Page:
Taking Great Photos – Why You Should Care and How To Get That Great Shot.

Since the internet has become the biggest selling tool in real estate, it has become harder and harder to generate interest in a property without photos posted online. Great photos can generate interest in a home, interest equals foot traffic and views which can result in more sales. More sales puts you on the radar for asset managers who are on the hunt for people like you…you can see where this is headed right? Photos are important in property valuations too! Property valuations go to the banks that are handling the loans. If the bank sees great photos and can clearly see and evaluate the home’s condition and features, not only have you provided a great service, but you have now shown them what you are capable of if they were to give you their listings! Here are some tips to help get you started getting those great shots:

Basic Equipment:

To start, having a digital camera with multiple settings, a tripod and lights can help you get the professional looking shot that everyone loves. A well lit room and a level and steady camera will help lengthen exposure time without getting blurry photos.

Techniques:

Set your camera to take a high resolution picture.

Proper photo exposure and use of the flash are very important. A dark room with sun shining through a window can fool your camera’s sensor and cause the camera to slow down the shutter and underexpose the photos making rooms look dark. Be sure to turn the lights on before taking the photo. Choose the correct camera setting by taking a photo and look to see if it is still to dark. If it is, bring in extra lights or slow down the shutter speed and use the tripod. The longer the exposure time (slower shutter speed) the brighter the photo will come out if light in the room is limited.  Hold the camera straight. Try to line the top, bottom or side of the frame with a wall or corner to be sure your shot is level and professional looking.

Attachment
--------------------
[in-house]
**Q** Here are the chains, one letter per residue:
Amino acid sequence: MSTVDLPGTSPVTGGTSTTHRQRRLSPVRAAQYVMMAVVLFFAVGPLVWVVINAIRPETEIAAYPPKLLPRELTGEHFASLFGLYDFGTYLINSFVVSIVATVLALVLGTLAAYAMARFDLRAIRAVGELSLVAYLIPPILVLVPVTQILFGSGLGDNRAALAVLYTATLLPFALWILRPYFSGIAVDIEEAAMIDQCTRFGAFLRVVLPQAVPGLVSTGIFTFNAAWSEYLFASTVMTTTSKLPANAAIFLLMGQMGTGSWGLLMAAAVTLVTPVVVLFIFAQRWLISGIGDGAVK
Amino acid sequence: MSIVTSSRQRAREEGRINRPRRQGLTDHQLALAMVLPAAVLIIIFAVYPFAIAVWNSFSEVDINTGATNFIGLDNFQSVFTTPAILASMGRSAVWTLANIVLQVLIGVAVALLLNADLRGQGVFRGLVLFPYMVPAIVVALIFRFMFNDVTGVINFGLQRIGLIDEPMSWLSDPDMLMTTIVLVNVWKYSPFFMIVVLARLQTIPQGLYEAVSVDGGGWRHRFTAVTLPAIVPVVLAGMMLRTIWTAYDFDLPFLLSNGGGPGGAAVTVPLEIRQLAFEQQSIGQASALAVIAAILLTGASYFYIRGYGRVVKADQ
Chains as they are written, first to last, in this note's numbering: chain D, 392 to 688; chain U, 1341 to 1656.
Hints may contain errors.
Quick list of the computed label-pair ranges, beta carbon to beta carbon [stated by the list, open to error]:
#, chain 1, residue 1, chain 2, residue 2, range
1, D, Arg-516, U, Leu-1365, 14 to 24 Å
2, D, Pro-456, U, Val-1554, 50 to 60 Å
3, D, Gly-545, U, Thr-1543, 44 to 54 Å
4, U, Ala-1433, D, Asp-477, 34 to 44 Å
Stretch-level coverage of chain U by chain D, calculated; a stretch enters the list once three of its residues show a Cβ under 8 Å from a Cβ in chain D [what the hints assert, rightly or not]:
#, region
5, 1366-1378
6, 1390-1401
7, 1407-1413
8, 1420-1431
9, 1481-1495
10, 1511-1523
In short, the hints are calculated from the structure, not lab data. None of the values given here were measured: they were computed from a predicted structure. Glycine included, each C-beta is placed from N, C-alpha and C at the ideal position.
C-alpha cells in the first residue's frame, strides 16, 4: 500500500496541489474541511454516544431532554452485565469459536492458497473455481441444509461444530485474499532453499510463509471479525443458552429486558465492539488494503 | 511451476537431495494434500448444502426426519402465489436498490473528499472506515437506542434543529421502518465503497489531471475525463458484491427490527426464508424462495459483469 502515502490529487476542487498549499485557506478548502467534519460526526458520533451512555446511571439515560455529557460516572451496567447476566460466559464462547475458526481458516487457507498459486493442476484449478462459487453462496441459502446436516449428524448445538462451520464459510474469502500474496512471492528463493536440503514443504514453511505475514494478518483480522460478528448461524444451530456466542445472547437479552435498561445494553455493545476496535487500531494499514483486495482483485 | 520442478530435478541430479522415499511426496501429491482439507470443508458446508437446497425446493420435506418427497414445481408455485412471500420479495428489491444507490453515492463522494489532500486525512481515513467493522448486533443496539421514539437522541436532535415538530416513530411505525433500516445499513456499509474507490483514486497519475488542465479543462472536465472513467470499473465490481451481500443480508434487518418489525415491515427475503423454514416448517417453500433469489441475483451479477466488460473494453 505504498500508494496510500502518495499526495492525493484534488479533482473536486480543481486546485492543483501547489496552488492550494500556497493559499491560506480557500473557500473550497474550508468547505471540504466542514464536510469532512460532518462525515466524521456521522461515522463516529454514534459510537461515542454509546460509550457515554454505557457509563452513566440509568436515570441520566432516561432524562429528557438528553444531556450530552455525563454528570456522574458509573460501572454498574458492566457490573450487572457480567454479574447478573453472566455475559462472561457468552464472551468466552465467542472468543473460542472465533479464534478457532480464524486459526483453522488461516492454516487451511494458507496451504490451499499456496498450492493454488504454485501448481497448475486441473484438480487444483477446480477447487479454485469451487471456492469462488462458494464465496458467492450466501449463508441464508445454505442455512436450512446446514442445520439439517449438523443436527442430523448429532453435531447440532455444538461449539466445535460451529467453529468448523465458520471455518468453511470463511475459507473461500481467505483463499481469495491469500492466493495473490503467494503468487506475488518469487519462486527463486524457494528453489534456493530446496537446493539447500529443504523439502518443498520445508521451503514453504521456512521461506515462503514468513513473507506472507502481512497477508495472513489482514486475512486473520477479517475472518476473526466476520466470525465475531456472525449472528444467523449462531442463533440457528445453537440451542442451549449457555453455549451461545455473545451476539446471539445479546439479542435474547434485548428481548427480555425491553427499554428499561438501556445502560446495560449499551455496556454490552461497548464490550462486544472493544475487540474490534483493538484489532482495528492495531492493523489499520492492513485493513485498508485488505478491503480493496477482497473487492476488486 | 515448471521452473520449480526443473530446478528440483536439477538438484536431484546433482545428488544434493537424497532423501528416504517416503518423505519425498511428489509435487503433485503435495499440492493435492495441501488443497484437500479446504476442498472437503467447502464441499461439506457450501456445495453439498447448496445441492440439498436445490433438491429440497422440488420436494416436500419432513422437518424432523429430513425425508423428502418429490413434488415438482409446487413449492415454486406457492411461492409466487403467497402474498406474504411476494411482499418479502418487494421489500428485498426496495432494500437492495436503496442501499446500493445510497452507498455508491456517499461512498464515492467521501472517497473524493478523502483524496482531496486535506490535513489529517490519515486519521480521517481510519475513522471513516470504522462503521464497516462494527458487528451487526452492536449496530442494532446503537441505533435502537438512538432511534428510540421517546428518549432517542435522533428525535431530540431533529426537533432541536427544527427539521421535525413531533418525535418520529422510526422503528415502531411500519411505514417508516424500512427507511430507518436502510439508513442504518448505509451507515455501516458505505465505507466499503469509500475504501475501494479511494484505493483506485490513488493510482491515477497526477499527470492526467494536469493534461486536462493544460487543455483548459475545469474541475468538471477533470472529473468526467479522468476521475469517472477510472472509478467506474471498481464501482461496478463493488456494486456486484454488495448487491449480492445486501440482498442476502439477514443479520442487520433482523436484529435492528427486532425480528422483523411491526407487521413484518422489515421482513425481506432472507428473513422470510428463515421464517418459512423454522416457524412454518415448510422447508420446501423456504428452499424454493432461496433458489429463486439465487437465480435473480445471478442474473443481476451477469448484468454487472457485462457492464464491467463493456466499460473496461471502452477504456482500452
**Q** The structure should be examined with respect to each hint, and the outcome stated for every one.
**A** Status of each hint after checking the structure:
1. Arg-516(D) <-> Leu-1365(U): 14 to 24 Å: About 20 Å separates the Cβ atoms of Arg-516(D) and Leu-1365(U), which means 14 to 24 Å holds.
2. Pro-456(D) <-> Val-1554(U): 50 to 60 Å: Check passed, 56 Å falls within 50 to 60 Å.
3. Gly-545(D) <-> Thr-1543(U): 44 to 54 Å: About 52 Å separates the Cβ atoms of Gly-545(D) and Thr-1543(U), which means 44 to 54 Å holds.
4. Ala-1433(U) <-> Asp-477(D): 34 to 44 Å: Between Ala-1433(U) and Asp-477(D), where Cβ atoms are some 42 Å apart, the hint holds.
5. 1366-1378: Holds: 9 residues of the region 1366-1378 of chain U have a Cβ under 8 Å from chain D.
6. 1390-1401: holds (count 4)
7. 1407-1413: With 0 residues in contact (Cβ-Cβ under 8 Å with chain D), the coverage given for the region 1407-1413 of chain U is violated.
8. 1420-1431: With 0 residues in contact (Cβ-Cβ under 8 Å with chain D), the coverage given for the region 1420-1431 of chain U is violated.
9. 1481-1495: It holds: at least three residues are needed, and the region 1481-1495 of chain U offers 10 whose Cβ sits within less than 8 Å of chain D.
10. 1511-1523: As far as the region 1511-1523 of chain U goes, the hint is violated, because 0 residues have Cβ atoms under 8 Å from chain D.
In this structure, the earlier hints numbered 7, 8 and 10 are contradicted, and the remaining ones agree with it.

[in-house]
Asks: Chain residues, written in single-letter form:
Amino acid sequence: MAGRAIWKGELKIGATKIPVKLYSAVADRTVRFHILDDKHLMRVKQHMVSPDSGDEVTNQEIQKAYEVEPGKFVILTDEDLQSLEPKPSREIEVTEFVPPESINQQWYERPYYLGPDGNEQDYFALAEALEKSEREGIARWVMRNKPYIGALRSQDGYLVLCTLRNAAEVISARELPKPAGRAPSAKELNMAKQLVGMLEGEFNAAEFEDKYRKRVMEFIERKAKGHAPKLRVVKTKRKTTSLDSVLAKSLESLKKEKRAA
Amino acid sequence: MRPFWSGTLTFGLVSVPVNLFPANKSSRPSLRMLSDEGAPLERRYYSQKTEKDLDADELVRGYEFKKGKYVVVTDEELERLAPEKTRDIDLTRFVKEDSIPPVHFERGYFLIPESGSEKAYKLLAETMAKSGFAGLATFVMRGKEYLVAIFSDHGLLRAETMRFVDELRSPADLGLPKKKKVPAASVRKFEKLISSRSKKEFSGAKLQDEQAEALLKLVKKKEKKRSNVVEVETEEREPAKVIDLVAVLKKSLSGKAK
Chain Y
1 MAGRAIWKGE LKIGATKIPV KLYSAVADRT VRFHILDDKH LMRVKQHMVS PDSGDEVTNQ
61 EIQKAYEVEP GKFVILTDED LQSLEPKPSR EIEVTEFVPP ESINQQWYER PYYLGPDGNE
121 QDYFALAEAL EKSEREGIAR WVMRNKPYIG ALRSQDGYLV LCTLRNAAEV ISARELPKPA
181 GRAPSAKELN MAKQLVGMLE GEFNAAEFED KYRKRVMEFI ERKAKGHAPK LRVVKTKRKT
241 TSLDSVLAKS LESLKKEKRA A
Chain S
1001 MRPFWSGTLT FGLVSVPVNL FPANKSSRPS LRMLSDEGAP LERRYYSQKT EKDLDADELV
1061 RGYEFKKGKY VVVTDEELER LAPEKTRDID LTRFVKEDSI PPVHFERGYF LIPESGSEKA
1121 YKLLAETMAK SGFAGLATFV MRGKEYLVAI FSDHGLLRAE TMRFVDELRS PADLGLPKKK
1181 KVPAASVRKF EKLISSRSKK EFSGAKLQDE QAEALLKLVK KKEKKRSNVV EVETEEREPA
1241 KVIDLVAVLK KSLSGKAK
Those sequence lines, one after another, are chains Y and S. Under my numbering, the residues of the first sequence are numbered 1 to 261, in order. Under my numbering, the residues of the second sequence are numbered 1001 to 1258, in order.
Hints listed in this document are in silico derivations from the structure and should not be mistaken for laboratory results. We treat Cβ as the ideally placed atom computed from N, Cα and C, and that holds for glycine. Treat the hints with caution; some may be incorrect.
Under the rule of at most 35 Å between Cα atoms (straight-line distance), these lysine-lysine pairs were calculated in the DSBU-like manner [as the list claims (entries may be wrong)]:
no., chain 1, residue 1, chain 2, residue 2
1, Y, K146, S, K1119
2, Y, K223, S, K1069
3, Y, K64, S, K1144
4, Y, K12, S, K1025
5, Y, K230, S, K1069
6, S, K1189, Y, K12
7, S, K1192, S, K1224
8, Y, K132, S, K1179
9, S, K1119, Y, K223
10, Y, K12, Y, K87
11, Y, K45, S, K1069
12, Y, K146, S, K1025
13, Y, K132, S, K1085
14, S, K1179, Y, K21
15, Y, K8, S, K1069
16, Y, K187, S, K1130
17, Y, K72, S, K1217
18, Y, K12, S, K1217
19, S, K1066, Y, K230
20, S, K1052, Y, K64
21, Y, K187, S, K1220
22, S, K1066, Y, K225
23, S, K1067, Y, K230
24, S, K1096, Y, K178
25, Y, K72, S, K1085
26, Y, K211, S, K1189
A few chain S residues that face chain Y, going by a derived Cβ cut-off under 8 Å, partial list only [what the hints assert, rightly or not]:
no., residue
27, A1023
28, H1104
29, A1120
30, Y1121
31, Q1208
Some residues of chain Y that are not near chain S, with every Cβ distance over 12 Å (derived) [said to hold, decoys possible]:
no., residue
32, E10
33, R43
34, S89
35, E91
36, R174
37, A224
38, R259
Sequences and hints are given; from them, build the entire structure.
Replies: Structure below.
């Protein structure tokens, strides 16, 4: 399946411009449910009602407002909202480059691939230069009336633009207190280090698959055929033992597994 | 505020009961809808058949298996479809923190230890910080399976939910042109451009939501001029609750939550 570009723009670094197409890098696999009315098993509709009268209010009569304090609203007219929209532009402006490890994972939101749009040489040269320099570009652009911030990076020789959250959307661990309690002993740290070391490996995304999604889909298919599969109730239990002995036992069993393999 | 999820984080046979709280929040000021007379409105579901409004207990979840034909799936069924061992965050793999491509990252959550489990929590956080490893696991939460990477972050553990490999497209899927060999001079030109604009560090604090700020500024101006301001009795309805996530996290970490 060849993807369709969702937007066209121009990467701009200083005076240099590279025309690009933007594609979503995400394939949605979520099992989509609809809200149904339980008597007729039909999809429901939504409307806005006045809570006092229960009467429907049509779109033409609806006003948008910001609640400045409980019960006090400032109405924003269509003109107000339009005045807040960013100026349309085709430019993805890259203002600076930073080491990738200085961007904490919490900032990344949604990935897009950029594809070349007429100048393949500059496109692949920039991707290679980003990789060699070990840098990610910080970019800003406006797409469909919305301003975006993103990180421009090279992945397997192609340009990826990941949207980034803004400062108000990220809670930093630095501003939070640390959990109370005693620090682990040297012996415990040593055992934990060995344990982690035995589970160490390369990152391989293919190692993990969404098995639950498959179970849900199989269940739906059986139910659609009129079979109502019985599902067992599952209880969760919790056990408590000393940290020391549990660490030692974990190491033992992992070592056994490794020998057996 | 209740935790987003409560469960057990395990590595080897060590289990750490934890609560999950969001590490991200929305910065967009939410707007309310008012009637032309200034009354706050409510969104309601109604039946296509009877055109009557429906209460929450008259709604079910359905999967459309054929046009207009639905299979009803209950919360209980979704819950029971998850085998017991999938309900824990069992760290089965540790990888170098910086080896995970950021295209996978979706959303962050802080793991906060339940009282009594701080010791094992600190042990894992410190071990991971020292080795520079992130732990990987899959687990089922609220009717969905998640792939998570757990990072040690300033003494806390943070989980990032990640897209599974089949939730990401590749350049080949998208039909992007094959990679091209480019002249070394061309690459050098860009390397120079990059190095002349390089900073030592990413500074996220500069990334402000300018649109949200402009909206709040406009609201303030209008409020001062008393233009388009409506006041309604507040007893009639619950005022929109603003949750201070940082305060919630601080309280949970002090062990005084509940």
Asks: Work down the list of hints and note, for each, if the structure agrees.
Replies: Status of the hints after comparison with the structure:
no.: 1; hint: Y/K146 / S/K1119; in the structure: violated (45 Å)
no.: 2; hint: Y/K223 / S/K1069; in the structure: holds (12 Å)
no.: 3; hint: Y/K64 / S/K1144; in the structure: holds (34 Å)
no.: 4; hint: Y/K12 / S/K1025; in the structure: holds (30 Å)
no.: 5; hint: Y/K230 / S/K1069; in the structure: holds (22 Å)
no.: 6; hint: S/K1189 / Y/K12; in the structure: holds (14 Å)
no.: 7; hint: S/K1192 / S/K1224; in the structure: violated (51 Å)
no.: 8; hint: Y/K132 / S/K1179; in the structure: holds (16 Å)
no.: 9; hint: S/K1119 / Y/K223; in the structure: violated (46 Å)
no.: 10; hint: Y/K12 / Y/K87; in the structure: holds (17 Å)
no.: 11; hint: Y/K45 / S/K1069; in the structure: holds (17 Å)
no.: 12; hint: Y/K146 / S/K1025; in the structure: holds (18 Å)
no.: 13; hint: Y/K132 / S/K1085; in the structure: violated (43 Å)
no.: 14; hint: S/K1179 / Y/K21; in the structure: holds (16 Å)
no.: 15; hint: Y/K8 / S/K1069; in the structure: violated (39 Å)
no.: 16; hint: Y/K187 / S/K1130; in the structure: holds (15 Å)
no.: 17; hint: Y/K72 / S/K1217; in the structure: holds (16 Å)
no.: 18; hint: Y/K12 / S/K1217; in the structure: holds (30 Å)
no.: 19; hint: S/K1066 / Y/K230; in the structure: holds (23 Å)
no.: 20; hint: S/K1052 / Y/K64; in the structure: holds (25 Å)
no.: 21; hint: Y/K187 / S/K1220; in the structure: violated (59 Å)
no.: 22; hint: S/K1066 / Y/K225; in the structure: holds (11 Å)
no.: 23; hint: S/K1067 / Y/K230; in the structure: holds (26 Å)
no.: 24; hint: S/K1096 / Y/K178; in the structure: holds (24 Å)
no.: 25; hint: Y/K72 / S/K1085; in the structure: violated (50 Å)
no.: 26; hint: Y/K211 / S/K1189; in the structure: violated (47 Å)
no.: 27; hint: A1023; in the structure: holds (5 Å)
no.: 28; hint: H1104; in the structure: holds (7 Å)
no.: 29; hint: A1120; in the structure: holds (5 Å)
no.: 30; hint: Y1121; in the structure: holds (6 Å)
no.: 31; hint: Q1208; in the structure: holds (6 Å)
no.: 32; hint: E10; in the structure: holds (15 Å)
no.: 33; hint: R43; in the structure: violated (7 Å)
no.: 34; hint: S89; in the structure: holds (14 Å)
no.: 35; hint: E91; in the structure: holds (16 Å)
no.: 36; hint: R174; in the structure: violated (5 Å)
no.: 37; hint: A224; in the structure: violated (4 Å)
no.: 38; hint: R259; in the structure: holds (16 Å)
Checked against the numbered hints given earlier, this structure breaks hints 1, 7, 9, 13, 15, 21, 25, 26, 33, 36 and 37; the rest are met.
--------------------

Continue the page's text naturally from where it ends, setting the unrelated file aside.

Make sure you are in a corner or doorway when shooting each room to ensure you can fit most of the room in the photo. A buyer can’t tell much about a house if they can only see a corner or a piece of carpet. Use a slight wide angle setting or slight fish eye setting to get the entire room in the photo. A strong wide angle or fish eye can distort a room, so tone it down so you get as much of the room as possible without it looking like a fun house mirror.

For exterior photos, pay attention to the sun! Morning and evening sun bring out colors and tones that typically get washed out in the midday sun. Plan ahead where the sun will be when you take your shot. If the sun is behind the home in the evening, morning would be a better time for a photo. Do not shoot directly into the sun or the home will not show through the lens flair it creates, try to find an angle or shade the lens with a lens shade, your hand or piece of paper if you are in a pinch.

Remember, each valuation requires a front and side shot and a clear address verification and 2 street scenes. This gives the bank confirmation that you photographed the correct house and shows them the condition of the house and what setting it is in. If an address is not posted on the house or mailbox, photos of the neighboring house numbers or a plat map will do the trick. Interior photos should showcase the house and it’s features and should also show the bank any damages that may impede the sale process or impact the sale value.

Here are some great resources with more information and advanced tips.

http://www.kenrockwell.com/tech/interiors.htm

http://www.photocentric.net/real_estate_interiors.htm

http://photographystepbystep.com/others/real-estate-photography-tips/

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About saraschlosser

Sara Schlosser is the Community Manager at InsideValuation.

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